This excerpt from field video filmed by Kristina Wirtz shows a minute from the 2011 Invasion. The camera scans 360 degrees, showing the size of the crowd way out in front of the conga ensemble itself. This far ahead, the conga’s music can barely be heard; instead, one hears the sheer size of the crowd. The location is on the Paseo de Martí, the wide central boulevard of the Los Hoyos neighborhood whose Conga de los Hoyos performs the Invasion sometime in mid-July each year, about a week before official carnival starts. At the point where the video was filmed, we are walking uphill on Martí toward the Moncada (site of Fidel Castro’s famous July 26, 1953, attack on the garrison there), and from there across Garzón Avenue and through the neighborhoods of several other major congas. Just uphill from this scene, a Haitian Ban Rará ensemble was stationed on the left sidewalk playing conch-shell horn and drums to salute the Invasion as we passed by. Also up ahead was a battery of consecrated batá drums of Santería—some of the singing can briefly be heard in the distance. Notice that this far from the music, people are simply walking and socializing as if in any sort of procession or political mobilization. Vendors are moving through the crowd, including one carrying a tower of homemade lollipops.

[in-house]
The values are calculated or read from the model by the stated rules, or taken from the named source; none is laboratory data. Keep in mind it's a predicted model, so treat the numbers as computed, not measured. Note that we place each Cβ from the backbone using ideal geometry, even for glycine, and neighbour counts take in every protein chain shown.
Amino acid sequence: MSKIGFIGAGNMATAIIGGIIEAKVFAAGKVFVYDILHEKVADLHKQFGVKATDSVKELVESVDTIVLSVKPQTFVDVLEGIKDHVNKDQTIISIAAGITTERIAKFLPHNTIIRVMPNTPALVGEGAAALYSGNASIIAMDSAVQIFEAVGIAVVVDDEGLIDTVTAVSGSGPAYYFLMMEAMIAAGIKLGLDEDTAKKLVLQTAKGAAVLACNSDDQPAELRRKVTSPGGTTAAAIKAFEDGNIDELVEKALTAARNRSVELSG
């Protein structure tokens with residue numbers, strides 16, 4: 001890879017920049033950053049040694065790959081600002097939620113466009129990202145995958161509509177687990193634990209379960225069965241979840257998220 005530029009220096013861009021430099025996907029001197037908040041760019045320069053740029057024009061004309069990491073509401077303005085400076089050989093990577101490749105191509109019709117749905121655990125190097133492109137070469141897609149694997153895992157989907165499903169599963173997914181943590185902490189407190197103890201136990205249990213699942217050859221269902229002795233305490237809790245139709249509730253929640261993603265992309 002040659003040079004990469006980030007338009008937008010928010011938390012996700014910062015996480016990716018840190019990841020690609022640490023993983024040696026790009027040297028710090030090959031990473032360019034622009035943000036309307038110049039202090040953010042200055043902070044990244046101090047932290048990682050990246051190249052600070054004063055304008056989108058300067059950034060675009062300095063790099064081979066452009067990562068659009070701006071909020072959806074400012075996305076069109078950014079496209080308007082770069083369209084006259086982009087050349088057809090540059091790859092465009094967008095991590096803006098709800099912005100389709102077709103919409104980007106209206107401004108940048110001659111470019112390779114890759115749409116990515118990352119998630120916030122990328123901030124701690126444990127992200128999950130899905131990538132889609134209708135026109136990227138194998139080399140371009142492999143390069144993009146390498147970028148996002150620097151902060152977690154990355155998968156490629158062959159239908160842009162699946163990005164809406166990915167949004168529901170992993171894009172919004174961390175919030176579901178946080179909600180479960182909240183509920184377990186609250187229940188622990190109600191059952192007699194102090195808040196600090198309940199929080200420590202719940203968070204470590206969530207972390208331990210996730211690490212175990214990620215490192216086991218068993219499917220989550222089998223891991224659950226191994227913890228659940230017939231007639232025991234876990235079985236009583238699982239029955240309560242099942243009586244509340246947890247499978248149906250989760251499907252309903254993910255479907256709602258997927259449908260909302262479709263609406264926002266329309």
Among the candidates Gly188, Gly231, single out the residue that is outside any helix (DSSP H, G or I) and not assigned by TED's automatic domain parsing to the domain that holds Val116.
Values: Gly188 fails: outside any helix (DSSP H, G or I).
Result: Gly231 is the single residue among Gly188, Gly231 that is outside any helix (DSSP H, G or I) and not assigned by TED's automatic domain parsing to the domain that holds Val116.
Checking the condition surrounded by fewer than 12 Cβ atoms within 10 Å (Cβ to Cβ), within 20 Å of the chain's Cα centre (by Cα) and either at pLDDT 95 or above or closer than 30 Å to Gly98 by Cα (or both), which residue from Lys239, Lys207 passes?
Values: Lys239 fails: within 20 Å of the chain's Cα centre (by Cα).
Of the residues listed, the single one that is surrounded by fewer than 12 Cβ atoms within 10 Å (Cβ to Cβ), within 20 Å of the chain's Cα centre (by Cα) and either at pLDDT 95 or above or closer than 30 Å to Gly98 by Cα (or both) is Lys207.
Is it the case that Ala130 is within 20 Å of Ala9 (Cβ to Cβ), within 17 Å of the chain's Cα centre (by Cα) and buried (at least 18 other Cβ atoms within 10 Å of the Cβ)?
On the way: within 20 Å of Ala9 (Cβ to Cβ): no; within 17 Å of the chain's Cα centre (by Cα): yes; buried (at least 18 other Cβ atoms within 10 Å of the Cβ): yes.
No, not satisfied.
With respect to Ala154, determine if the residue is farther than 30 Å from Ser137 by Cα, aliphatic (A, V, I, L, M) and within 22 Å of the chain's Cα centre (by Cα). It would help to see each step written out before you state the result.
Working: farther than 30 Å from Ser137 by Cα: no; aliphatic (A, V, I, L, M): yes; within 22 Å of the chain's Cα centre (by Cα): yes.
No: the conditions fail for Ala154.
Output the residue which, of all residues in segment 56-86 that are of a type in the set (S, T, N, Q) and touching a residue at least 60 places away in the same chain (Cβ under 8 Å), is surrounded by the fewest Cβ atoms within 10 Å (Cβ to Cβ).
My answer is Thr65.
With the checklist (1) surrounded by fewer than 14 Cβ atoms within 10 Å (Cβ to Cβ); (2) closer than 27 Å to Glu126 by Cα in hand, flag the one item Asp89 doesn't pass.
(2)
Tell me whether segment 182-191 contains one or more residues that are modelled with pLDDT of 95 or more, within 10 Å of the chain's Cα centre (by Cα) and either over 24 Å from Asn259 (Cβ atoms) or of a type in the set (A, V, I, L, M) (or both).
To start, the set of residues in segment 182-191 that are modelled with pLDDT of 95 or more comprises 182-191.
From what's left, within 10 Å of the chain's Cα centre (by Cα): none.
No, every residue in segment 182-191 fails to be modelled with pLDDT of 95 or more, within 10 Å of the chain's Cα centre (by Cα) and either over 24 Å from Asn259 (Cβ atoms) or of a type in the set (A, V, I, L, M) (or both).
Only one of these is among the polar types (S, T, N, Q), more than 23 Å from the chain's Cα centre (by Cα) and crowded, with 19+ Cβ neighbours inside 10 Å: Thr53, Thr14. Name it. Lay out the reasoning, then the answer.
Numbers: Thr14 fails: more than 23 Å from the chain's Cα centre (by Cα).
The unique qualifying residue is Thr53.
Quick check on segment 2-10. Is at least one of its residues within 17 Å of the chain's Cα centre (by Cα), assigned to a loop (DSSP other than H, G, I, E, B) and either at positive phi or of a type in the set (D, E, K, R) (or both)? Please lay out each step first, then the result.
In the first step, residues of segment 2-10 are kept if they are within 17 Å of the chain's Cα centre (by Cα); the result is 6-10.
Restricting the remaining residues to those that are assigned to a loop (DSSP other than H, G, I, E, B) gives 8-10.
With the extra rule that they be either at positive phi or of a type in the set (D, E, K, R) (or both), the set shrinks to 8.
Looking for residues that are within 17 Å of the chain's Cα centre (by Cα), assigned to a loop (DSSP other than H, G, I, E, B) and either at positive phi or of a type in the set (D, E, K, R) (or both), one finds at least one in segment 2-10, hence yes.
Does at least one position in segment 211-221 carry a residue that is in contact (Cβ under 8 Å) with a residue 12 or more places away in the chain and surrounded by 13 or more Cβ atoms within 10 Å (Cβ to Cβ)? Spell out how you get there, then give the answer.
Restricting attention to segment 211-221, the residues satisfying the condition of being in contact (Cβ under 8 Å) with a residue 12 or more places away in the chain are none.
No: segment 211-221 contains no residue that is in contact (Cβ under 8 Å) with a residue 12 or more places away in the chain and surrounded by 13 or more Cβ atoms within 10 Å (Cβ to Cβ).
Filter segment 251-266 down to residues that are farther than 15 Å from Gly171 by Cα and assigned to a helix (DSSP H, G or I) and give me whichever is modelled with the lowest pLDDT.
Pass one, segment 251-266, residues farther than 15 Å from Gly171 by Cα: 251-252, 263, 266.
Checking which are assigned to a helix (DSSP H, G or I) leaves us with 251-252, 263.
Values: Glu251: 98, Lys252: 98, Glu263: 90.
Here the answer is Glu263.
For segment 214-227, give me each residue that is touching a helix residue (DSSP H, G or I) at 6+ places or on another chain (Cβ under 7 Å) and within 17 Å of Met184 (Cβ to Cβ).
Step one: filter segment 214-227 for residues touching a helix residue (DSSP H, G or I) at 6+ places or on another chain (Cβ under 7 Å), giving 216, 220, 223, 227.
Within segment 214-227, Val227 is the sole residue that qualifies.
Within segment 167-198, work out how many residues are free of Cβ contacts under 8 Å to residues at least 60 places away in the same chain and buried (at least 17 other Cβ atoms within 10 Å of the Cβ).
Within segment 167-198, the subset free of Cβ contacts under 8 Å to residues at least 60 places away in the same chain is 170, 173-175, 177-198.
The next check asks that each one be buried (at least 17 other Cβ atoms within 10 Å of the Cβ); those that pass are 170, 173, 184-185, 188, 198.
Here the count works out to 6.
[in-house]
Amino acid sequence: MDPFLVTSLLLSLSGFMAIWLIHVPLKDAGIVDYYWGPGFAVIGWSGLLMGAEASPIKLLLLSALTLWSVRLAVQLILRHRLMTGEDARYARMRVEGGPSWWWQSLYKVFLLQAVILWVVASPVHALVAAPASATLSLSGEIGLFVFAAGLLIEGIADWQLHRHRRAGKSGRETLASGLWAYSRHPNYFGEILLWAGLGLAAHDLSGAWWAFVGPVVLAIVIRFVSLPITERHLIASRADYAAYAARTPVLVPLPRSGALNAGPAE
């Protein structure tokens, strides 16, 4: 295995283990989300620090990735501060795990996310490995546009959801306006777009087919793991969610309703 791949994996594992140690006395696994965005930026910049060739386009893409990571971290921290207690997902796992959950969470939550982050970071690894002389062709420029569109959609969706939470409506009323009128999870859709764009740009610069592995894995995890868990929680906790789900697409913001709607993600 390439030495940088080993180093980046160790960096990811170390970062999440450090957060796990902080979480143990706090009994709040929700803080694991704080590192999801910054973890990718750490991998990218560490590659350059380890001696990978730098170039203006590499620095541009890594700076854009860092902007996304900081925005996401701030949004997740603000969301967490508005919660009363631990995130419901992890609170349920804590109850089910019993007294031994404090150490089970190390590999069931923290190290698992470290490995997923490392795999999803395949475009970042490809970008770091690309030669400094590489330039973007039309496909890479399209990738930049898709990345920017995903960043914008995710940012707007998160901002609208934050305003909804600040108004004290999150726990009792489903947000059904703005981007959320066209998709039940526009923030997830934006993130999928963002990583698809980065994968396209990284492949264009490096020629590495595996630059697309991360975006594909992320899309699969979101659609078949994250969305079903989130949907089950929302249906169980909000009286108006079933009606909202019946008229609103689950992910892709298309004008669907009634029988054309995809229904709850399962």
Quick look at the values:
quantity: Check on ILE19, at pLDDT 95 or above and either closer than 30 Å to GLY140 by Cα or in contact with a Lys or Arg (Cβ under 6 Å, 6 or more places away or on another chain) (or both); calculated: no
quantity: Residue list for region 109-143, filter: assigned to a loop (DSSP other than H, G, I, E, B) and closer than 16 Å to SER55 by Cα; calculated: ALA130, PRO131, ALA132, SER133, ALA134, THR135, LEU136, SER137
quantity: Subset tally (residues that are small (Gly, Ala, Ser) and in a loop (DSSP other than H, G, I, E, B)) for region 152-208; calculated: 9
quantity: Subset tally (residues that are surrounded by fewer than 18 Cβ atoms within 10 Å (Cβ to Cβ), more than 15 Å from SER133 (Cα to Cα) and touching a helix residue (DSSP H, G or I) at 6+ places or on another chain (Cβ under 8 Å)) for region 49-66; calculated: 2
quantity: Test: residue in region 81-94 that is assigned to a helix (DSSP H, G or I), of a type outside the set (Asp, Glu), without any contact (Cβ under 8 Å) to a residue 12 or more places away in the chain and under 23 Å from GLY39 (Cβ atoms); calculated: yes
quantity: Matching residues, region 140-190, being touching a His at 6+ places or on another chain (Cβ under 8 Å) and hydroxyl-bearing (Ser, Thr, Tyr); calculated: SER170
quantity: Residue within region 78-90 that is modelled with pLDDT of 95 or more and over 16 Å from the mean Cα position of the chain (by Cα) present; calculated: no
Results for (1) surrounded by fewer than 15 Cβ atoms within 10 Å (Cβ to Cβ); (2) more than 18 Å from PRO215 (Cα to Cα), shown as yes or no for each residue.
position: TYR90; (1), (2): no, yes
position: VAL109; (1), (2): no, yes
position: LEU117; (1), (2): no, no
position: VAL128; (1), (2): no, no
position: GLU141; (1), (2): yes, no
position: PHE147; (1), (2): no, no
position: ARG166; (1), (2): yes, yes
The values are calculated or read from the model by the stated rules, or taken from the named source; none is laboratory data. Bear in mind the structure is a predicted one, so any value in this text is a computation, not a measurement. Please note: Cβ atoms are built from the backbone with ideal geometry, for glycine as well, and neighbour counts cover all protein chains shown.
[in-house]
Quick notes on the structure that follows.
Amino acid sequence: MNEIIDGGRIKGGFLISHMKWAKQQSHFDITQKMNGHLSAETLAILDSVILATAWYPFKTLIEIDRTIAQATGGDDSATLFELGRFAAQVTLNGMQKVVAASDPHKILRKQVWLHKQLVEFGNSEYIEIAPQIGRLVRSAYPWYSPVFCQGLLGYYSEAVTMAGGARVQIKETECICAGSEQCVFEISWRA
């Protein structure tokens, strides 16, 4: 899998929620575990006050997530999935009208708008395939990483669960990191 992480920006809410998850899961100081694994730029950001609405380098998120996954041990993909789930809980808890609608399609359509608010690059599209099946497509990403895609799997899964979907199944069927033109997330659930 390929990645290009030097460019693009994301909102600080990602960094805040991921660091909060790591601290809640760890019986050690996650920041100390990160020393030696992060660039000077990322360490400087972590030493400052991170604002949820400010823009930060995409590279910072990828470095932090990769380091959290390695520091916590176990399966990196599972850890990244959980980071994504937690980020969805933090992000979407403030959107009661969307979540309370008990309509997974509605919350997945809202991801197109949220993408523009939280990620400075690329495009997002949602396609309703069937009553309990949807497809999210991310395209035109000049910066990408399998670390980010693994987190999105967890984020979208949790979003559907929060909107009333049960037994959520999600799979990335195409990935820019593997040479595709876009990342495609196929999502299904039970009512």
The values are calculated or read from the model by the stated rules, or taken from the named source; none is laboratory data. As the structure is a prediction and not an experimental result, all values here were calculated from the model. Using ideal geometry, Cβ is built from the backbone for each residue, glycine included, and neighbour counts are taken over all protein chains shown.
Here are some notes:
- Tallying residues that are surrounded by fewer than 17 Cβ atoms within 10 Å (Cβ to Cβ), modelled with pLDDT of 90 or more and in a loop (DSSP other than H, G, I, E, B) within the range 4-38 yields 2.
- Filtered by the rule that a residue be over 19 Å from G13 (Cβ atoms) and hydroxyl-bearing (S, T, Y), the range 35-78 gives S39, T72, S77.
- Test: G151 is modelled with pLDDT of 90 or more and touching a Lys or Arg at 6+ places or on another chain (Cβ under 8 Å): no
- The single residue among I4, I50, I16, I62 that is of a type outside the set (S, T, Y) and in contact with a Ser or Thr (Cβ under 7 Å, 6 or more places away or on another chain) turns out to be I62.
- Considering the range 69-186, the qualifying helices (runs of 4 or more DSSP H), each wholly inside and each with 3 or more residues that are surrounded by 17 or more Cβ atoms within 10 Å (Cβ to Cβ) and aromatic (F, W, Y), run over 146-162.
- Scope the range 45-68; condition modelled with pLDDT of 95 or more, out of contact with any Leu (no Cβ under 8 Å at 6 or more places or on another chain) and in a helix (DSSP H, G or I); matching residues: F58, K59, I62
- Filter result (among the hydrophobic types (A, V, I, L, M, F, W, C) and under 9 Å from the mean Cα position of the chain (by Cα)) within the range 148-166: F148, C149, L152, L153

2) Conga de San Agustin Plays for Approaching Invasion